Smart glass, also known as electronically switchable glass, provides architects and interior designers with new ways to manage light, glare, and UV radiation.
In general, the glass transitions from transparent to translucent and vice versa, allowing light to pass through while blocking particular wavelengths of light.
The use of smart glass in both residential and commercial spaces have been increasing over the years. This is mainly due to the rising need for energy efficiency, light and heat control, privacy, controlled shading, and design innovation.
It is extremely robust and provides seclusion with the flip of a switch.
Its above-mentioned characteristics make it ideal for establishments such as restaurants, pubs, and business centres.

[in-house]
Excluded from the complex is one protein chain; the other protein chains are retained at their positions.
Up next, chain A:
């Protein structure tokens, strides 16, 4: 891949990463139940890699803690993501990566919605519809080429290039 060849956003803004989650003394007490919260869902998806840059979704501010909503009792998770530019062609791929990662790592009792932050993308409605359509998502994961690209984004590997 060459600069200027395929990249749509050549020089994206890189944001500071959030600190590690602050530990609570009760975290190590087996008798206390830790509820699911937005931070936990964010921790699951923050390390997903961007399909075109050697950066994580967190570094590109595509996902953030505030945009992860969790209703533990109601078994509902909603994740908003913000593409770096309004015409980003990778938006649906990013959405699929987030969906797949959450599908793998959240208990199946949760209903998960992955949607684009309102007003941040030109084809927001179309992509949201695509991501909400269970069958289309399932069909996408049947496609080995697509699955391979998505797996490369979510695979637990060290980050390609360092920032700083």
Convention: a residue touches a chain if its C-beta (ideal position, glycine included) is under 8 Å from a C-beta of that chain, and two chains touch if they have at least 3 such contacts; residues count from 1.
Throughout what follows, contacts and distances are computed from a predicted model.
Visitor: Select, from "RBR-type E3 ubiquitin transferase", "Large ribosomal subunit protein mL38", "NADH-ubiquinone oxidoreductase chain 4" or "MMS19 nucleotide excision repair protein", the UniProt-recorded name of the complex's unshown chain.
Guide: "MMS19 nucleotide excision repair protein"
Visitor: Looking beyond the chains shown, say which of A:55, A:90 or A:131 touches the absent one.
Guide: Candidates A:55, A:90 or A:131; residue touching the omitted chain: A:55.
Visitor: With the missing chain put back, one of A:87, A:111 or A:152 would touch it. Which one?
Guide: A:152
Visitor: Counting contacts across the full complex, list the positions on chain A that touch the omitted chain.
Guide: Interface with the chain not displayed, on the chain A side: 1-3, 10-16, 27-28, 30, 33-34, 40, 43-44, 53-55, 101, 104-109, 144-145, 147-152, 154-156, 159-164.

The most significant disadvantage of switchable or smart glass is its expensive cost, despite the energy savings it delivers.
The price varies from one manufacturer to the next, but you can expect to pay a minimum cost of $130 per sqm.
Although smart glass saves over 30% of household energy, it still requires grid electricity, which can be considered a drawback.
Smart glass cannot be used if electricity is not available in the home.
It is vital to have knowledge of both window installation and electrical installations in order to install smart glass.
As a result, the number of glaziers with the knowledge to install Smart Glass remains small.